- The Washington Times - Sunday, December 17, 2006

Dear Sgt. Shaft:

According to a column by editorial writer Brendan Conway in The Washington Times of Nov. 2, titled “Reverse Swiftboating,” “The U.S. Code defines a veteran of a given conflict as ‘any veteran who served in the active military, naval, or air service during a period of war.’ If you served, you helped the war effort and, according to 38 USC 101(12), you can call yourself a veteran of that conflict.”

For the 50-plus years since my discharge from active duty with the Army, I have said when asked that I served during the Korean War but I was not in Korea, as was my brother who was a Marine infantry officer in Korea. He was a real Korean War veteran and I was something else.

Now, many years later, I find that I am indeed “a veteran of the Korean War,” as per the above. In recounting this turn of events to a friend who is a legitimate veteran of Army service in Vietnam, he asked if I have a service ribbon for the Korean War, which I do not have and never did have. Should I?

Brad J.

Culpeper, Va.

Dear Brad:

You are a veteran of the Korean era and as such are authorized the National Defense Service Medal for your service. The National Defense Service Medal is detailed at https://www.globemaster.de/faq/locator.html# armyloc

You are not entitled to the Korean Service Medal, which requires military service in Korea during the Korean War as noted below. It is described at https://www.afpc.randolph.af.mil/AwardsNet/Decoration.aspx?Mode=Graphics&Decoration; =KSM

“This KSM is awarded for participating in any engagement against the enemy in the territory, waters, or air in North or South Korea. Personnel also are considered as having participated in an engagement if they were members of: 1) A designated combat or service unit in the Korean Theater; 2) A combat or service unit, other than one within the Korean Theater, which was designated by the Commander, Far East Air Force, as having directly supported military operations in the Korean Theater; or 3) A designated headquarters of the Far East Air Forces that exerted a distinct and contributory effort to the military operations in the Korean Theater.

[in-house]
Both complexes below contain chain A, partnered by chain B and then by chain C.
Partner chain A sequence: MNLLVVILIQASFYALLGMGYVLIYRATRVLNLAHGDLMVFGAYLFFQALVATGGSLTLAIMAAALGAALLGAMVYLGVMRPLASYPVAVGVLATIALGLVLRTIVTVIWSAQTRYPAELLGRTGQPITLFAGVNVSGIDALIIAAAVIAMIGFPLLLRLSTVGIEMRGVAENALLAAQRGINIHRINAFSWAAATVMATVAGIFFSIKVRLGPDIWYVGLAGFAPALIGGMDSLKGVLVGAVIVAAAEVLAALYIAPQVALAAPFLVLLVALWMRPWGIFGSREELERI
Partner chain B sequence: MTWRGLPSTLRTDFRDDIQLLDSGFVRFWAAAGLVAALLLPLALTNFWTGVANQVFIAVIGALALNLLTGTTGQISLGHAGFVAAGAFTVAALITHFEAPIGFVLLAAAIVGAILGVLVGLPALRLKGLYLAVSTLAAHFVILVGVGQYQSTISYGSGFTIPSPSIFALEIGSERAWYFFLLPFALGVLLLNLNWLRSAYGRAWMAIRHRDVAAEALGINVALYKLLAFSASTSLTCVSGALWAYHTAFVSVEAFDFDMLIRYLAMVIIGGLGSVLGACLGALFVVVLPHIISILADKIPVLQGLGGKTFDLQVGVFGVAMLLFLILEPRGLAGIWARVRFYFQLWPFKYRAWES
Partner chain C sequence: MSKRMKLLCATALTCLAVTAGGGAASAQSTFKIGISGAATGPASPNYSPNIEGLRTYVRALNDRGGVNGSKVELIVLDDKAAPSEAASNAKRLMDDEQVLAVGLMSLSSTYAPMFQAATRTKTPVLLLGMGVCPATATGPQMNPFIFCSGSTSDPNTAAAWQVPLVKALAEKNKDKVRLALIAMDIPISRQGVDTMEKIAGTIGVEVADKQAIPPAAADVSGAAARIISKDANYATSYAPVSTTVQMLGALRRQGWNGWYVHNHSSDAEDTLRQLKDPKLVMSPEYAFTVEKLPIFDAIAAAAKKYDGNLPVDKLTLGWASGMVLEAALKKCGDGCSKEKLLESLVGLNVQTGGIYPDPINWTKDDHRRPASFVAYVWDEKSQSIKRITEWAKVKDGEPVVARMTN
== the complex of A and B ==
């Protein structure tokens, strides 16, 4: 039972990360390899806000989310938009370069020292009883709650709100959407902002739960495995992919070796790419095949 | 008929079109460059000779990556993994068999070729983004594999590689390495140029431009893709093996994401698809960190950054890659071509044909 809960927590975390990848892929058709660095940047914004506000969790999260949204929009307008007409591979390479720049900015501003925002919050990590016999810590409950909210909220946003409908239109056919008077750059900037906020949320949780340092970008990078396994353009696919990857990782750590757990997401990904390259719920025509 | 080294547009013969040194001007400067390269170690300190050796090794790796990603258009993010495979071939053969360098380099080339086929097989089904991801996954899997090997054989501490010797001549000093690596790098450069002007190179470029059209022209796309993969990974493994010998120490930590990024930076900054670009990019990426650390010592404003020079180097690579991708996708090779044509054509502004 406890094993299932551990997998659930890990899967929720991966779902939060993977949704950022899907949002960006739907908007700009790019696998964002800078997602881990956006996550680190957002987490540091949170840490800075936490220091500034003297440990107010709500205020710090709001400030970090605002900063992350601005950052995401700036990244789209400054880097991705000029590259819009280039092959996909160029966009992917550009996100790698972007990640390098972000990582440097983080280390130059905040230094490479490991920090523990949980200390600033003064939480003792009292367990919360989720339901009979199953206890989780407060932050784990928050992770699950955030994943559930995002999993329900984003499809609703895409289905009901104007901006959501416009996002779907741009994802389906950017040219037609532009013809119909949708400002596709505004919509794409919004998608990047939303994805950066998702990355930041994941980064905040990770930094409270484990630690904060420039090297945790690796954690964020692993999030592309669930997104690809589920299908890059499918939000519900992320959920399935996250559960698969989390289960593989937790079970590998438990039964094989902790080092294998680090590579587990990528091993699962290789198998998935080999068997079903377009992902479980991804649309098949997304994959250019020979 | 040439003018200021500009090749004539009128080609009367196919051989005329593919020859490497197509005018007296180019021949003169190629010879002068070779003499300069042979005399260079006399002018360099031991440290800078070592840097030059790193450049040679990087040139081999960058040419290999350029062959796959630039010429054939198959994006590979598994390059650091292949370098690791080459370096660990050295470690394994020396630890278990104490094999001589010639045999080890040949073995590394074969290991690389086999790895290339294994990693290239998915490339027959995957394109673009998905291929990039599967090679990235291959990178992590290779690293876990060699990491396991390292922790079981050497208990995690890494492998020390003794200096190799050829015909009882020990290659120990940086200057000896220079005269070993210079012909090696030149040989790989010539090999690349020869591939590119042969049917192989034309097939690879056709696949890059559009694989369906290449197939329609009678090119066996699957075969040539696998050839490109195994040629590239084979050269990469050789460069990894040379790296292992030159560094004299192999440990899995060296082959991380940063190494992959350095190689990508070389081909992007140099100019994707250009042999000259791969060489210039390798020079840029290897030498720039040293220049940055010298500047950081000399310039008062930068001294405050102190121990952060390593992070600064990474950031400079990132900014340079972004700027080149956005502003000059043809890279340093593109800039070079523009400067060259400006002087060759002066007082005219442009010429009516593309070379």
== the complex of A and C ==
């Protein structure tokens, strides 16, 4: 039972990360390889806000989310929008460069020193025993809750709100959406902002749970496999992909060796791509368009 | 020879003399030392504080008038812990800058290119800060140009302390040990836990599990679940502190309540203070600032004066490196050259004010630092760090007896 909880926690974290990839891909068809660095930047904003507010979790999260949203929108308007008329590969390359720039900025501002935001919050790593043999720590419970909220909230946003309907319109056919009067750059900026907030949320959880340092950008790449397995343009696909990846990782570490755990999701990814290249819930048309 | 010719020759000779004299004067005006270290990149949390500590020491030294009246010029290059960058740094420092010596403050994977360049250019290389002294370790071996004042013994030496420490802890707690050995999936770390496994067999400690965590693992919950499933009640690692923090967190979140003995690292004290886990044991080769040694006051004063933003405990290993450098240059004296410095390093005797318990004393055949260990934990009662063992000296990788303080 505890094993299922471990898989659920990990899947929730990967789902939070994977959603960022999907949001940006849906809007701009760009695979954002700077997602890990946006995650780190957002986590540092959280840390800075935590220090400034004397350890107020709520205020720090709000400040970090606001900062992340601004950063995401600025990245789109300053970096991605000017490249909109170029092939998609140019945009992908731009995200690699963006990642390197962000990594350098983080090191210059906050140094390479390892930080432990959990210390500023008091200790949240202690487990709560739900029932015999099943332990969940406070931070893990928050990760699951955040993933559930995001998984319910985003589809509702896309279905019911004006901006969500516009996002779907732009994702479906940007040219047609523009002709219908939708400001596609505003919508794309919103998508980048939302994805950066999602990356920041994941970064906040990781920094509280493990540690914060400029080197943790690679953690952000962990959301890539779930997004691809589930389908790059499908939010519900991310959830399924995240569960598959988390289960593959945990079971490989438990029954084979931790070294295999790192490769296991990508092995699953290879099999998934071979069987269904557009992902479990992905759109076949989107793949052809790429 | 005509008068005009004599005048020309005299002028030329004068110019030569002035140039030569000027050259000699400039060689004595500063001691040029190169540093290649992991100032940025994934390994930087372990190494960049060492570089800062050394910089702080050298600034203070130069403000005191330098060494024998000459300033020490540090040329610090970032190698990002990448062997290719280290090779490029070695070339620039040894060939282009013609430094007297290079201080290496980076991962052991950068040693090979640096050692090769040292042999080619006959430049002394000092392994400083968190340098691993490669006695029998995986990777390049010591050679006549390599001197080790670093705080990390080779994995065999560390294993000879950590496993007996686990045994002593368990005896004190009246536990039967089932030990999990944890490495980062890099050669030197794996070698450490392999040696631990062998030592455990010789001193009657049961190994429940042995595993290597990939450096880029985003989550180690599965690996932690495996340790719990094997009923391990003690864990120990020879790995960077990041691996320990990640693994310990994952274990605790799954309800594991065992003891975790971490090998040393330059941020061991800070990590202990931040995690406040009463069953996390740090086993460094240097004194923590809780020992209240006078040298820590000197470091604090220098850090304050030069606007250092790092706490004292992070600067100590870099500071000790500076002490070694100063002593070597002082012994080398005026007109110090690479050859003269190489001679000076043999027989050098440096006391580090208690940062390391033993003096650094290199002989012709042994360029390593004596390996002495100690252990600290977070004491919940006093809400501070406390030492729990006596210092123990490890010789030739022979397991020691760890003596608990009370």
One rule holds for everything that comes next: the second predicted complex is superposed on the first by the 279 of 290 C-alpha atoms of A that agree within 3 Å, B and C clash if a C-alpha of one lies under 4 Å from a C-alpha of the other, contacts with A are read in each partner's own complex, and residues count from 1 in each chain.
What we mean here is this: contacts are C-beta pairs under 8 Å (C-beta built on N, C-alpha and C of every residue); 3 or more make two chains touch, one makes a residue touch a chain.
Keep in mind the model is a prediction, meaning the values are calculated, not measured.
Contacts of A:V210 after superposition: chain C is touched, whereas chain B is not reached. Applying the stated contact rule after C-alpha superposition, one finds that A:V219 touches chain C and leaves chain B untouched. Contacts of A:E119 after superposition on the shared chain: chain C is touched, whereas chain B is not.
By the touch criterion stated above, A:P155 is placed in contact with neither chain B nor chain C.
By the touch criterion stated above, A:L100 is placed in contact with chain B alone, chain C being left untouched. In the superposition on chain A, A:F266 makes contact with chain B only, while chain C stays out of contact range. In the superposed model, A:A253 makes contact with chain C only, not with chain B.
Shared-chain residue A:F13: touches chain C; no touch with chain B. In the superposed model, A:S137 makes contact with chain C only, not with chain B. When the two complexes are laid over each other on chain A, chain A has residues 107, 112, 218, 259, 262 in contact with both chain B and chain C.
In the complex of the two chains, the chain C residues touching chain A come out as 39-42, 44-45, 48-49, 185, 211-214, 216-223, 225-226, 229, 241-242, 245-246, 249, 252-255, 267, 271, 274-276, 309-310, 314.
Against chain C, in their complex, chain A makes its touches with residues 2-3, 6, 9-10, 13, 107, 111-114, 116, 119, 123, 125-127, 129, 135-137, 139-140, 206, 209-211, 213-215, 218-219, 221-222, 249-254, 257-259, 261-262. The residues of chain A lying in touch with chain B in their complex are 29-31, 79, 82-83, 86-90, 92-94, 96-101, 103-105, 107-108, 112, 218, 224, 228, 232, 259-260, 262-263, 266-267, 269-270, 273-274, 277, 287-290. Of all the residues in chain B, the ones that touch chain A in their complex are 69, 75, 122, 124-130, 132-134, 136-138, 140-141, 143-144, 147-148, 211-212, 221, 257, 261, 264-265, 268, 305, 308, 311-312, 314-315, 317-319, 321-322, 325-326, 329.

“Bronze Service Stars (BSS) are awarded to members of designated combat units, or designated service units in combat, units assigned to the Far East Air Forces command or on TDY with Army Ground Forces if a member participates in one of the 10 recognized campaigns of the Korean War.”

I would also suggest that you go to https://www.archives.gov/ veterans/evetrecs/ where you can request information about your own military record. Specifically, I would encourage you to request information pertaining to all awards, decorations, and service ribbons you are entitled to based on your military service. These requests are usually fulfilled in four to six weeks.

Shaft notes

The Sarge joins House Committee on Veterans’ Affairs Chairman Steve Buyer, Indiana Republican, in congratulating Rep. Bob Filner, California Democrat, on his selection as chairman of the House Committee on Veterans’ Affairs for the 110th Congress.

Mr. Buyer in his statement noted: “Those of us on the committee who have worked with Bob Filner know how deeply he cares for America’s veterans. I look forward to continuing our bipartisanship as we honor our commitment to America’s veterans and their families.”

Kudos to Congress for finally passing vital veterans legislation. A comprehensive bill that will benefit millions of veterans was passed by the U.S. Senate on the last day of the 109th Congress. It now goes to President Bush to be signed into law. The legislation (S. 3421) was sponsored by Sen. Larry E. Craig, Idaho Republican and outgoing chairman of the Senate Committee on Veterans’ Affairs.

Among its many provisions, the bill adds $65 million to increase the number of clinicians treating post-traumatic stress disorder (PTSD) and $2 million for additional blind-rehabilitation specialists and increases the number of facilities where the specialists will be located.

The new law will also enable the spouse or child of a service member who is hospitalized or receiving outpatient medical care to begin receiving financial help through VA for their education. Mr. Craig crafted that portion of the legislation earlier this year after meeting with Army Sgt. Jeff Mittman, who was blinded during an attack in Iraq.

“Our change will allow him to get the treatment he needs while his wife gets the education their family will need. This change will be a win-win for all. It’s simply the right thing to do,” Mr. Craig said.

Send letters to Sgt. Shaft, c/o John Fales, P.O. Box 65900, Washington, D.C. 20035-5900; fax 301/622-3330; call 202/257-5446; or e-mail [email protected]

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